Everyone needs a little help from time to time. In amongst a packed peloton, drafting is an accepted part of the game. Essential in fact. Out on lonely roads sparsely populated with amateurs, isolated country lanes where on occasion the inner-chimps of strangers meet. One on one, drafting becomes either an entente cordiale or a duel to the death.
I love drafting in both of these forms, be it a competitive ‘let’s see who drops first’ or a more friendly ‘let’s help one another out here’. Each is always welcome for it provides me with the motivation to ride harder or a much needed rest. Either way, I’m doing a turn on the front, taking a pull. Most of the time.
Drafting. Slipstreaming. Sitting in. Sheltering. Holding the wheel. Wheelsucking. Leeching. The latter two refer specifically to when drafting is unreciprocated and one cyclist pulls the other, the leech sheltering in the shadow, stubbornly refusing to take a turn on the front. This I can forgive if said passenger is truly knackered and is in need of a safe passage home. Hell, I’ve been that beaten man.
It is the kling-on that I cannot understand. The one who sits there looking fresh. The one who still doesn’t pull a turn when you slow down. The kling-on sits tight no matter what. I know this infuriates many a rider who fear for their safety or do not want to break the isolation of their ride. Not me. I don’t mind too much except in one circumstance. They have a noisy bike (or are heavy breathing). Sit silent on my wheel if you wish for you are not disturbing my ride. I will ride at my pace and pick my route. Squeaky chain? I’ll do everything I can to lose you.
For those who get angry with wheelsuckers, remember, every story has two sides.
Wheel sucking like a cretin
Is he still there, on my wheel, hiding, the coward. Come on out, damn you. Mustn’t look, must carry on with my own ride, do my own thing. Must not show weaknesss. Must not show how irritated I am by another’s presence. Ruining my ride. Whoa, why am I speeding up? Must drop him. Just you wait until the next incline my friend, whoosh, I’m off. Oh, he’s still there, the leech, the bloodsucker, the parasite.
How is he feeling? Mustn’t look around. Can I hear him breathing? Panting? Struggling? Do tired muscles make noises or is that just his chainset? Oil it my friend, you’re ruining the tranquillity of my ride. This is really hurting. I’m on the rivet, must push on, must not show how much I am pushing on. Where the hell am I? It matters not, this duel must end in victory.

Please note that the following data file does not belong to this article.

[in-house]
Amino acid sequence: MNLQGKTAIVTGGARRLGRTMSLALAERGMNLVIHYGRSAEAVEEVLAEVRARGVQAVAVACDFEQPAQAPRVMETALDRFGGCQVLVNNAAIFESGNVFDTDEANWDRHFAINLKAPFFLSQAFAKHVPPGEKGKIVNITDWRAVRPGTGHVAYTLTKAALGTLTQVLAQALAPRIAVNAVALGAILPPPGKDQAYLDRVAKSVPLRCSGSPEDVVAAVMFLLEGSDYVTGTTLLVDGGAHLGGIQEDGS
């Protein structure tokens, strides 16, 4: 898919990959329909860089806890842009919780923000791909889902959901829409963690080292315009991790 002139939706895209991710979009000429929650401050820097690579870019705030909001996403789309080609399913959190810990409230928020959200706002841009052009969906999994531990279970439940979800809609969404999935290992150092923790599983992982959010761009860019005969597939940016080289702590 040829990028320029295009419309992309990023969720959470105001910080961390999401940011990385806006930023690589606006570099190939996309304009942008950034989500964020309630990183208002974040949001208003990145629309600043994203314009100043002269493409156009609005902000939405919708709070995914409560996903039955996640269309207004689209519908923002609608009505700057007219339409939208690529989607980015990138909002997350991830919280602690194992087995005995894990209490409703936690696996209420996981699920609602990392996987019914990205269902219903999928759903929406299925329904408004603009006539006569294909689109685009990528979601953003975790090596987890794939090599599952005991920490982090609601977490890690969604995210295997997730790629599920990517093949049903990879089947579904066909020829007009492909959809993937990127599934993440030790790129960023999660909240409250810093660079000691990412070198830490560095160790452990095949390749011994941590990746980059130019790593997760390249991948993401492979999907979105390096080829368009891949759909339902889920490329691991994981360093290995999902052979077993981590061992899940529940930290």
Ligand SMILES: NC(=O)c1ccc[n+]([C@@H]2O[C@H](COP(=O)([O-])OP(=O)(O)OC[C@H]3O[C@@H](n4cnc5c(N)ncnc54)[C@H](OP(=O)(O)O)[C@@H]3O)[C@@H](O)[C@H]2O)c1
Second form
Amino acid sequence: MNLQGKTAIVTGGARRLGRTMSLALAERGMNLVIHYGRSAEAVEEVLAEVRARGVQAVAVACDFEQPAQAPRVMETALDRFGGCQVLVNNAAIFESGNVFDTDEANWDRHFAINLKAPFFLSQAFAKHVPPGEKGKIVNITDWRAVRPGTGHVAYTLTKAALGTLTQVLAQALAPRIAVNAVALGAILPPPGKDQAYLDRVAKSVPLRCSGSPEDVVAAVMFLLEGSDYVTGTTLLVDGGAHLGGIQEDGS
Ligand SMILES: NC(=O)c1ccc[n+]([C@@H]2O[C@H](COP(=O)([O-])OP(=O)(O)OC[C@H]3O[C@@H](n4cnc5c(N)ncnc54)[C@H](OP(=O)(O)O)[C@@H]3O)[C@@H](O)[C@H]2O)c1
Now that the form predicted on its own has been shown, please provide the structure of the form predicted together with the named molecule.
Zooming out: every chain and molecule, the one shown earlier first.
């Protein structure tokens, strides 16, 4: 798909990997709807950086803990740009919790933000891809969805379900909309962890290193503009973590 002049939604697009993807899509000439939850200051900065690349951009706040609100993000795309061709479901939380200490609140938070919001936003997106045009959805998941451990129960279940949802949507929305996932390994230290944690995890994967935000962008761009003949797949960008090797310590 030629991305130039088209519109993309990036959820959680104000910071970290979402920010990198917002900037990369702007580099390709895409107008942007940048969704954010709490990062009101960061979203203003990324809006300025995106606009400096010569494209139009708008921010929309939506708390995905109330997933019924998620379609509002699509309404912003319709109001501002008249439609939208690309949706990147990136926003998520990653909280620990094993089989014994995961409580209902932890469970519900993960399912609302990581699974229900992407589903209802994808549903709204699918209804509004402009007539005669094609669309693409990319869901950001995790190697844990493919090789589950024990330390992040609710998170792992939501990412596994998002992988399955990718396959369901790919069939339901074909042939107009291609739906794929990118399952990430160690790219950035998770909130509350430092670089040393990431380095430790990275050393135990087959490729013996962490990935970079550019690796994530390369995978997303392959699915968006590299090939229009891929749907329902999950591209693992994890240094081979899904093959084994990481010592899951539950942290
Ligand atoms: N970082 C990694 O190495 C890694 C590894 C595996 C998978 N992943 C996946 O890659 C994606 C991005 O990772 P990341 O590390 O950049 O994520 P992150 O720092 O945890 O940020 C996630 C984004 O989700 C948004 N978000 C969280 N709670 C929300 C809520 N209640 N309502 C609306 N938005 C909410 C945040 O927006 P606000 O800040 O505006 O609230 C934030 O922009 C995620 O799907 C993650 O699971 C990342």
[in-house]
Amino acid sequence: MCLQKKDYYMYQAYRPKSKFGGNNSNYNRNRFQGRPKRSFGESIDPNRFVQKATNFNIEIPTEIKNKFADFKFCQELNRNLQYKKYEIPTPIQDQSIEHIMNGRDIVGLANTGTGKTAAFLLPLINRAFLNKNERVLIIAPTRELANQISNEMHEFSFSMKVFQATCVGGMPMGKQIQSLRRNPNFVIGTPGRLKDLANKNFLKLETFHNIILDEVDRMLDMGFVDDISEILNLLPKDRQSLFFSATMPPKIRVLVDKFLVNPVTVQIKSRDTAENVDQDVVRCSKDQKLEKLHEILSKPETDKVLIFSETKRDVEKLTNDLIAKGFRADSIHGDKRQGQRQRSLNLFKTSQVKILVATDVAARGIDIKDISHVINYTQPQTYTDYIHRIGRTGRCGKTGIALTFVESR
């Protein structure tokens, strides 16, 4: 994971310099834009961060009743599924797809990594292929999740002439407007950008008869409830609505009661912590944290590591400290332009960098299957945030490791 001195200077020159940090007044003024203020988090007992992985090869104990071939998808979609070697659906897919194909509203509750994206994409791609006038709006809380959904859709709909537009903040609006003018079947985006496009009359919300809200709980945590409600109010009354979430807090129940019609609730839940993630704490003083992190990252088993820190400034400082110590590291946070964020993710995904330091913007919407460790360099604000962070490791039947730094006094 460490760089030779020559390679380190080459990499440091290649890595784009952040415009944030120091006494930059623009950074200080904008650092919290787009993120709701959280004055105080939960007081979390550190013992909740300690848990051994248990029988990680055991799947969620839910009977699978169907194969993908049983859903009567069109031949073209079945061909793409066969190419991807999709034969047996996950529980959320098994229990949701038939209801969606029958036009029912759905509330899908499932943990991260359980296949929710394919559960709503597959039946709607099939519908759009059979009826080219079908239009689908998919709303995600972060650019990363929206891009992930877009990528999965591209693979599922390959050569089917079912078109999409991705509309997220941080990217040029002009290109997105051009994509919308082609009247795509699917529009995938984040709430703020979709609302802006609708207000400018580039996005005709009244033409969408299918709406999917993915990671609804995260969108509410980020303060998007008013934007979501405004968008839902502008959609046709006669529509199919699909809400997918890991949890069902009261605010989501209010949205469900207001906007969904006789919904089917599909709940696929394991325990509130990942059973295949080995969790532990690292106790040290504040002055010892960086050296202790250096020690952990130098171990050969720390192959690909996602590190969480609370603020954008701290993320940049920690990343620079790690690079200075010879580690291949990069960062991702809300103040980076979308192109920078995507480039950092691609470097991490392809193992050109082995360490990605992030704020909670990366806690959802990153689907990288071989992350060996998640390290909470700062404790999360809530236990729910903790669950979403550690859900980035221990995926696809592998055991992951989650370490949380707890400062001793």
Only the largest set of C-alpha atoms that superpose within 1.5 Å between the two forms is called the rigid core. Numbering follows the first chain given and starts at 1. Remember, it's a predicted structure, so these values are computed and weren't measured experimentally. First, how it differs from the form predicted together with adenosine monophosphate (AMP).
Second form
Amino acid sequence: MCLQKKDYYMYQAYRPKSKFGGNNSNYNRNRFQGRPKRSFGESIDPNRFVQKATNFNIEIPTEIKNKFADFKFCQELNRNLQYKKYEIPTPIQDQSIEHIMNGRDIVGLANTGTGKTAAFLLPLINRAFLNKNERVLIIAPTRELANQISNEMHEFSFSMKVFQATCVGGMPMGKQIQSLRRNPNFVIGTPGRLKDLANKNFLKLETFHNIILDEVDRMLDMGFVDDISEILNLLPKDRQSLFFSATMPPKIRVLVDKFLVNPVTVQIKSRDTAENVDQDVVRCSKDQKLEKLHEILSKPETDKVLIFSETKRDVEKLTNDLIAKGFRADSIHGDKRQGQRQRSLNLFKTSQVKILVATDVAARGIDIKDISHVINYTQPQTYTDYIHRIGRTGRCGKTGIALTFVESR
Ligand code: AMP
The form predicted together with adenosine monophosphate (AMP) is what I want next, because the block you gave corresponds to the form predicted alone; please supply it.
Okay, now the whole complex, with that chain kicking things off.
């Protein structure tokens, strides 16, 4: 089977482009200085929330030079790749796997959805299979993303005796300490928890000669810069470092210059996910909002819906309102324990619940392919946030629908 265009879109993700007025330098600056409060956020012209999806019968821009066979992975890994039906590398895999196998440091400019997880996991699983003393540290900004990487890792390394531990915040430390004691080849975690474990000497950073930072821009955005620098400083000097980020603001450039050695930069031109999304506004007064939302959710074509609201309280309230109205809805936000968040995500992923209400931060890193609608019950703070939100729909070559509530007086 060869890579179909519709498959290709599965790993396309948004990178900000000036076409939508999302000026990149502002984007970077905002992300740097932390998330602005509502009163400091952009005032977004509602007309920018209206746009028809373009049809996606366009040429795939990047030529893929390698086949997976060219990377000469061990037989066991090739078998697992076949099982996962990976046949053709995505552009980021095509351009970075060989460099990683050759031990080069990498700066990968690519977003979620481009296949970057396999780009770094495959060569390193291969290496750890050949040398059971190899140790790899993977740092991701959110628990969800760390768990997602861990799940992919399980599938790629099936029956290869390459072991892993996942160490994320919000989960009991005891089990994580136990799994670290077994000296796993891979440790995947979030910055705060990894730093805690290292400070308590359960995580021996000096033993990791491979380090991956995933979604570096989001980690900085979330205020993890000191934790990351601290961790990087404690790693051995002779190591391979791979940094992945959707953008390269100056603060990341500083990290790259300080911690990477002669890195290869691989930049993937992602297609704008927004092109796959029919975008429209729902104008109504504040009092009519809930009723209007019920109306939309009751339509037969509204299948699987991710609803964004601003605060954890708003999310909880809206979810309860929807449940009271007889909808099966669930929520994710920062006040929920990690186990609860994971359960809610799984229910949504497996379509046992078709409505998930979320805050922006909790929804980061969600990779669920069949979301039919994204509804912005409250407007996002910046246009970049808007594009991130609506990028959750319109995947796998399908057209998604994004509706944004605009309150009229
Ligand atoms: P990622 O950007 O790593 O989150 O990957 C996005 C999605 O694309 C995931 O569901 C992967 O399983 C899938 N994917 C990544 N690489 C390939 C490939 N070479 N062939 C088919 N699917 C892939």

Don’t you dare overlap wheels. Must pick up the pace. Hear my inner-chimp roar. Oh, wait. He’s gone. When did that happen? Did he turn off? Nah. I dropped him. Obviously.
Drafting like a pro
The bonk struck two days ago, so long ago that I know the man with the hammer’s first name. Exhausted. I don’t think I can turn the cranks much longer, not in this headwind. And that’s when you came gliding effortlessly by, my ride home. Taxi! I splurge the last of my energy to catch your wheel and hunker down in the protection of your shadow. Hello, I say, thank you, I think. Weary limbs, aching heart. You are my protector, my shield.
The headwind is hurting you but you’re doing well not to show it for you must never display weakness. Don’t think I haven’t noticed the pace increasing, oh no. Not that you’ll hear my increasingly laboured breathing. I am silent. Your ghost, an evil shadow from which you will try, and fail, to outrun.
We’re slowing. I know your game, want me to take a fair turn so you do? On another day, sure, but not today, no way. Not a chance. Besides you were doing so well. Hmmm, this really is slow. Maybe I’ll sneak out, take a peek. Whoa, that’s a gale force wind. Maybe not, keep going my friend, I’m your ghost for as long as you travel towards my home. Thank you, I say, turning off, you saved me, I don’t say, but we both know it.
How to get rid of a wheelsucker
It so happens that my favourite cycling video folk at GCN released this wheelsucking video whilst I was writing this blog. It mentions a few techniques for losing a wheelsucker but for some reason doesn’t mention the most effective method. Slow down.
Whilst I understand why some of you get angry with wheelsuckers, I don’t understand the social etiquette involved in the scenario which, as the video suggests, says you should never acknowledge the wheelsucker or let them know you are attempting to lose them. Oh humans, what are we like?
How to draft on a bike and what to avoid